Sunday, December 9, 2012

Snow Can Protect You

      Since I live in a snowy area and am a bit of an outdoors person I get to experience snow. 
As a little farm kid in the 40's and 50's, I played in the snow all winter long. I spent five years in the Arctic with long seasons of snow. I cross country ski every chance I get. I've learned how to live with snow. 

     What gets me to do a post on how snow can protect you,  is that I find many people think of snow as being cold. Well, it may be cold out when we have snow, but snow itself doesn't make you cold. In fact, you can use snow to keep warm!

     Igloos can give you shelter and keep the temperature just above freezing when it's minus 40 C(minus 40 F). I've been in igloos but never stayed overnight in one. Snow is an excellent insulating material, so when you have a little heat from a small stove  and a couple of humans, the heat is  kept inside. Snow is also very strong. You can stand on top of good igloo. I was very proud of my colleague who built an igloo and stood on it. All of his students cheered. As an aside, rabies sometimes spreads to the husky dogs from the foxes. Inuit know when a dog isn't behaving properly and might have contacted rabies. They build a small igloo and tie the dog inside. If the dog's still alive in the morning, it's okay. If it had rabies it's dead.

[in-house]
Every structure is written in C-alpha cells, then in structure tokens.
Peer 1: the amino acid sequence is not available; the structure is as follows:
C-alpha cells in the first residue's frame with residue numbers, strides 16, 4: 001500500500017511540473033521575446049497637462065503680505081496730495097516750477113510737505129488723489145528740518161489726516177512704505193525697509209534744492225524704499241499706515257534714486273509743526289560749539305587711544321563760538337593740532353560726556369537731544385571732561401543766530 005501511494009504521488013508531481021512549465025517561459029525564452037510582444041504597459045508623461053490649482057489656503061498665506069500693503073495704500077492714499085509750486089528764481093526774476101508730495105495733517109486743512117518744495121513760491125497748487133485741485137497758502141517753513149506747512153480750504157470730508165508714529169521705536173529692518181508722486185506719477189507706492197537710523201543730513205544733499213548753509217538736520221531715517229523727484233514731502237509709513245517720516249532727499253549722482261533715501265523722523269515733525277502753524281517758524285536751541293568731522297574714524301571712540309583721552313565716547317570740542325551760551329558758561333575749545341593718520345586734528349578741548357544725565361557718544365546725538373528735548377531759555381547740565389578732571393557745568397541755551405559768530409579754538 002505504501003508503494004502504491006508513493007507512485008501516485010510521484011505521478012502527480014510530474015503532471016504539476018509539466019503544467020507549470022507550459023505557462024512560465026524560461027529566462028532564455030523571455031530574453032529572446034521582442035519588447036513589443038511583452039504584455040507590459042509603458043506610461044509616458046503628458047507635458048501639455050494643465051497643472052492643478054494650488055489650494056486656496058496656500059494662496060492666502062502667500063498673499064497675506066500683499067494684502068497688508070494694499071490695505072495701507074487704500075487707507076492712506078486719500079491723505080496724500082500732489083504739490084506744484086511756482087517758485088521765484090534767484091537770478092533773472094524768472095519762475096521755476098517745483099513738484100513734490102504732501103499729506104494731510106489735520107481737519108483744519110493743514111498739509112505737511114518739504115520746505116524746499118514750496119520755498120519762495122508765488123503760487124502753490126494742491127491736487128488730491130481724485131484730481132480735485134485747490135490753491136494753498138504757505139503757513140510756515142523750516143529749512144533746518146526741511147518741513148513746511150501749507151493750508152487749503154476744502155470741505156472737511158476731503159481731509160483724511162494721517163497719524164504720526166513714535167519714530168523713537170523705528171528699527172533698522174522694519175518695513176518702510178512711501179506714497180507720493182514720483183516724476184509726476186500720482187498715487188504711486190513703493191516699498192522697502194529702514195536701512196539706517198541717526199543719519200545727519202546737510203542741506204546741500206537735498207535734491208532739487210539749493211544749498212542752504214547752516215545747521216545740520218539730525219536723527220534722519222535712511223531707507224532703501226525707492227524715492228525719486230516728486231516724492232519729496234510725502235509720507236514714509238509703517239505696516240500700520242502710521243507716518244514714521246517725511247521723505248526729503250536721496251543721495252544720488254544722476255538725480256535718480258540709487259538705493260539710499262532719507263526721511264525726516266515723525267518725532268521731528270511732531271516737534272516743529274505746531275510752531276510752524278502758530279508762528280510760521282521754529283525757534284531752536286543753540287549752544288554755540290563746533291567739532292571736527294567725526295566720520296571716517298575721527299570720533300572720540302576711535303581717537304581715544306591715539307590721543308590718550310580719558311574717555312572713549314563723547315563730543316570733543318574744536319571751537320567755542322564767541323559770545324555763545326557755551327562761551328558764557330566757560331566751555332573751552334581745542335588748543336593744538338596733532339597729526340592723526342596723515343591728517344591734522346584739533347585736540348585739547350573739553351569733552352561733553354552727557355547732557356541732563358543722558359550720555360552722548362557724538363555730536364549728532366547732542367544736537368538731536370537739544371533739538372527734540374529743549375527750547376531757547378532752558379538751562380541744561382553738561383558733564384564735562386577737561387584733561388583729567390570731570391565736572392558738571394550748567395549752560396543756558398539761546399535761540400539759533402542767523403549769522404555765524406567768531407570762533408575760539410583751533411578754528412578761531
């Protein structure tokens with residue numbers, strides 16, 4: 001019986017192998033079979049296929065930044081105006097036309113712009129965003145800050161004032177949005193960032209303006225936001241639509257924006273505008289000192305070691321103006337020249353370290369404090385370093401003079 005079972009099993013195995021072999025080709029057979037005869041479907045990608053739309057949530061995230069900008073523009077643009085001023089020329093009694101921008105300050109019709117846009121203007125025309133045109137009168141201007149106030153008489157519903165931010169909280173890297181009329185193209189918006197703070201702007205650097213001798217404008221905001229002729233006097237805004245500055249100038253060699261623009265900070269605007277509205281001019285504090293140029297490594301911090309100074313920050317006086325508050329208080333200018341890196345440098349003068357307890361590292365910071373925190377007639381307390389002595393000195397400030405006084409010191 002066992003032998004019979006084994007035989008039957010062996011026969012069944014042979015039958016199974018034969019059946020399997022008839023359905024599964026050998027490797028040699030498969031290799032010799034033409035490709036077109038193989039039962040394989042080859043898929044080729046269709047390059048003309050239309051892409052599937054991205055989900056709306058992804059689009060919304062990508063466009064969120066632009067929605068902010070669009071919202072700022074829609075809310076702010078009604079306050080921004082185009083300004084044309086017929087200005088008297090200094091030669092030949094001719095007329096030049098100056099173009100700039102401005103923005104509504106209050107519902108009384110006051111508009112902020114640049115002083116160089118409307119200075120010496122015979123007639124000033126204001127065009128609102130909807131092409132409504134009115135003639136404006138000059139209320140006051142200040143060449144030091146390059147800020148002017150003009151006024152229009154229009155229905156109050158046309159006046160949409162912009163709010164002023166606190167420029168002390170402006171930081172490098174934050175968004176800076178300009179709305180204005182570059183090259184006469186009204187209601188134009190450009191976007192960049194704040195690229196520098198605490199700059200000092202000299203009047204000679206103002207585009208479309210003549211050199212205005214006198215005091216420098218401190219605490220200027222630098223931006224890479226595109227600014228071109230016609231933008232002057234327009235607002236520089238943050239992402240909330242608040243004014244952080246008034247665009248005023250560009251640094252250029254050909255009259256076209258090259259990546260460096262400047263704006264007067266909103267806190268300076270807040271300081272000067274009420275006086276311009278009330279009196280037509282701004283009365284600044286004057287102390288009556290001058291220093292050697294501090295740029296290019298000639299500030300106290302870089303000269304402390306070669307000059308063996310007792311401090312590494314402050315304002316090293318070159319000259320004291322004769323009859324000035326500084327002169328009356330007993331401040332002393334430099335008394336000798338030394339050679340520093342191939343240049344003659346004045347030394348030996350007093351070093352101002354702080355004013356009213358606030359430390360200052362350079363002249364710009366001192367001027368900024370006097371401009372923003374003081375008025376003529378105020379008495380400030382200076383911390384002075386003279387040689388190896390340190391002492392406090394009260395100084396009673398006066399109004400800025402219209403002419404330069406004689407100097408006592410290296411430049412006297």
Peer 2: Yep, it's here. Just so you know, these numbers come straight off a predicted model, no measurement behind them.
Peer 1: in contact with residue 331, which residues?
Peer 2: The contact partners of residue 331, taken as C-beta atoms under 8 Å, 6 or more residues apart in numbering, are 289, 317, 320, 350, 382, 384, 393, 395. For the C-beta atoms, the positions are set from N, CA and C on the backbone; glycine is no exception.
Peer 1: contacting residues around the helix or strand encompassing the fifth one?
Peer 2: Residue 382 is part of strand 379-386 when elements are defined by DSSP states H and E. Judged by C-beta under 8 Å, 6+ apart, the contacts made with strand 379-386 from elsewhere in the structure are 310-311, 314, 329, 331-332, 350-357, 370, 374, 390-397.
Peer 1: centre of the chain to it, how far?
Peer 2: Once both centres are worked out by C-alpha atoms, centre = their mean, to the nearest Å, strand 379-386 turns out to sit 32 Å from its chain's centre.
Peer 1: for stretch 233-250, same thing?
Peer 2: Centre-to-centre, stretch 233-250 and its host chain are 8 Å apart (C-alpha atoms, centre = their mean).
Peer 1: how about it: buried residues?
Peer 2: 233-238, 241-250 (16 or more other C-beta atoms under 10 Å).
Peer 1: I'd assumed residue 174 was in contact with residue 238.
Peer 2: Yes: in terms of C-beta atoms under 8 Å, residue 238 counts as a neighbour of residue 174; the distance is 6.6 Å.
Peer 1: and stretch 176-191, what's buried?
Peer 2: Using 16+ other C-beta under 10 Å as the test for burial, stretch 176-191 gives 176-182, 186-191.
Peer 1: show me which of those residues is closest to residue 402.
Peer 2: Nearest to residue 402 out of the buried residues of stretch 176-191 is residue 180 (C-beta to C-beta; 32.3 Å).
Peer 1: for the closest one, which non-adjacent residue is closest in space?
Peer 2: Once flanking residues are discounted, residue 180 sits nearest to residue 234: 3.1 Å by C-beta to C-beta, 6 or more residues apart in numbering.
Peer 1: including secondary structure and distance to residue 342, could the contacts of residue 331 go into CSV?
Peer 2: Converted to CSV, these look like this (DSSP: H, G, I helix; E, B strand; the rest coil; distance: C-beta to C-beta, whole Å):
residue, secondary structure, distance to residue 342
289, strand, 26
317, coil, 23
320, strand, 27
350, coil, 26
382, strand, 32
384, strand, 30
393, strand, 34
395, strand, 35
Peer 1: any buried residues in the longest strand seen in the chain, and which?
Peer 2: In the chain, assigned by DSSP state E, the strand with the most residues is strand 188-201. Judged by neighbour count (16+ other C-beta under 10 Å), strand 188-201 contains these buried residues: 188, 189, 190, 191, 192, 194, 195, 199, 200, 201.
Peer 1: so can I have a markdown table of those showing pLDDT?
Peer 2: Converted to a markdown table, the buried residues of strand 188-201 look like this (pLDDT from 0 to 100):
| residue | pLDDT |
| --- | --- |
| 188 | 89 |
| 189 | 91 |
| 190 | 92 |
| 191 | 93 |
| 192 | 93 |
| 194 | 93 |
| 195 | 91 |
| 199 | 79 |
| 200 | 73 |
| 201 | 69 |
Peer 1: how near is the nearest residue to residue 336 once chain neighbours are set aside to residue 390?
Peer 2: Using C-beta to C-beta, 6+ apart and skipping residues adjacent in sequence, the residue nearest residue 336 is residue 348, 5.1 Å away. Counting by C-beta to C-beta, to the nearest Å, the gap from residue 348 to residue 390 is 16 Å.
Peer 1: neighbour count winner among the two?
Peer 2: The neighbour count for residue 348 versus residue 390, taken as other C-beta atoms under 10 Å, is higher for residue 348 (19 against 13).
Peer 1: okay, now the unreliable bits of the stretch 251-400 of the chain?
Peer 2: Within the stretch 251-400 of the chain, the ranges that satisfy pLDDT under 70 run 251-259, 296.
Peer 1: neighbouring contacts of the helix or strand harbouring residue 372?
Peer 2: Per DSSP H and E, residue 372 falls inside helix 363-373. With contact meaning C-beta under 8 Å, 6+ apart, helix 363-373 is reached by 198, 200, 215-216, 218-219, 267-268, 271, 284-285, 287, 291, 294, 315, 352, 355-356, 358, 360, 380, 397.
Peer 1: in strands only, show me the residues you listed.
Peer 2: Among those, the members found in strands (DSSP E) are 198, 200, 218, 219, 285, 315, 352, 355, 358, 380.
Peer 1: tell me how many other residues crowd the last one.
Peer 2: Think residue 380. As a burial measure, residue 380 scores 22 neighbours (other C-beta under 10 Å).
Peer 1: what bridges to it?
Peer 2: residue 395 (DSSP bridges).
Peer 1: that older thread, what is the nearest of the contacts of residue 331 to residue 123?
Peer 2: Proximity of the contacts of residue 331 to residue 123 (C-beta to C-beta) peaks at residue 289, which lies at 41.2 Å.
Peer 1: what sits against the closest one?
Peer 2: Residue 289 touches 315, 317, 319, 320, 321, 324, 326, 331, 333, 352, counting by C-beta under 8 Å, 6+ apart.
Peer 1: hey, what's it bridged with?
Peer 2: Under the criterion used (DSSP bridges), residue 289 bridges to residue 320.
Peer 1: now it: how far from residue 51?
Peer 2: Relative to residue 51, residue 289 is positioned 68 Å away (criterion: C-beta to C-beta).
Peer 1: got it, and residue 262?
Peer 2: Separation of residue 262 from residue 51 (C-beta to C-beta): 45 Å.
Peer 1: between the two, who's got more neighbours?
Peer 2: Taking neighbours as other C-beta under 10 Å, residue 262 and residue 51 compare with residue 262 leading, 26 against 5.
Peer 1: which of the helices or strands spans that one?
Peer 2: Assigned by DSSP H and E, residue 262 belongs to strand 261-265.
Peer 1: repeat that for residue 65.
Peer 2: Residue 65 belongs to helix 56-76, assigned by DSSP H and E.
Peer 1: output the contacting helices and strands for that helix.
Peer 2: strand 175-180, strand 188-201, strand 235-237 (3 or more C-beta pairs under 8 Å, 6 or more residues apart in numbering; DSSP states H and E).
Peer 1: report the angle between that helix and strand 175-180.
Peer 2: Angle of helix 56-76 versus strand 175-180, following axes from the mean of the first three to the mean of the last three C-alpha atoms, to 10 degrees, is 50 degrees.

Igloos are used on the tundra where there are no trees. The wind blows the snow into very hard drifts and solid snow building blocks can be cut. About half the igloo height is below snow level and half above. they are usually about 2 m (6 t.) high. In the bush they do not use igloos  because the snow is soft and powdery and will not make blocks. Canvas or skin tents are used. There's lots of wood around and they use a small wood stove for a little heat. The tent will be much colder than the snow house. I've tented in below freezing and find the ground the coldest. If you can put your tent on snow it's much warmer. 


     I taught some outdoor ed. and we showed the kids how to build a quinzee. A large pile of snow is made. The snow hardens over night. The next day you hollow out the pile of snow and you have a very snug snow house. 

    A third snow shelter is the snow cave. Snow caves are usually used in the mountains where there are huge drifts of snow. Just start shoveling out a cave and you will have yourself a snug shelter. Brian Keating from the Calgary zoo had a New Year's tradition of going into the back country, making a snow cave, and spending New Year's eve with his wife! Cool eh?

    Now I've explained, for all the people who worry about me getting cold in the snow, that snow is actually something that can keep you warm. You can quit worrying about me now.

21 comments:

  1. quinzee is a new word for me. learned something new! thanks!

    in wisconsin one year we had a snow cave my older brothers carved out of a huge, hardened snow drift that had been pushed up to clear the driveway. it was very quiet and peaceful inside. :)

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    1. Click on Quinzee and you will find some images for quinzees.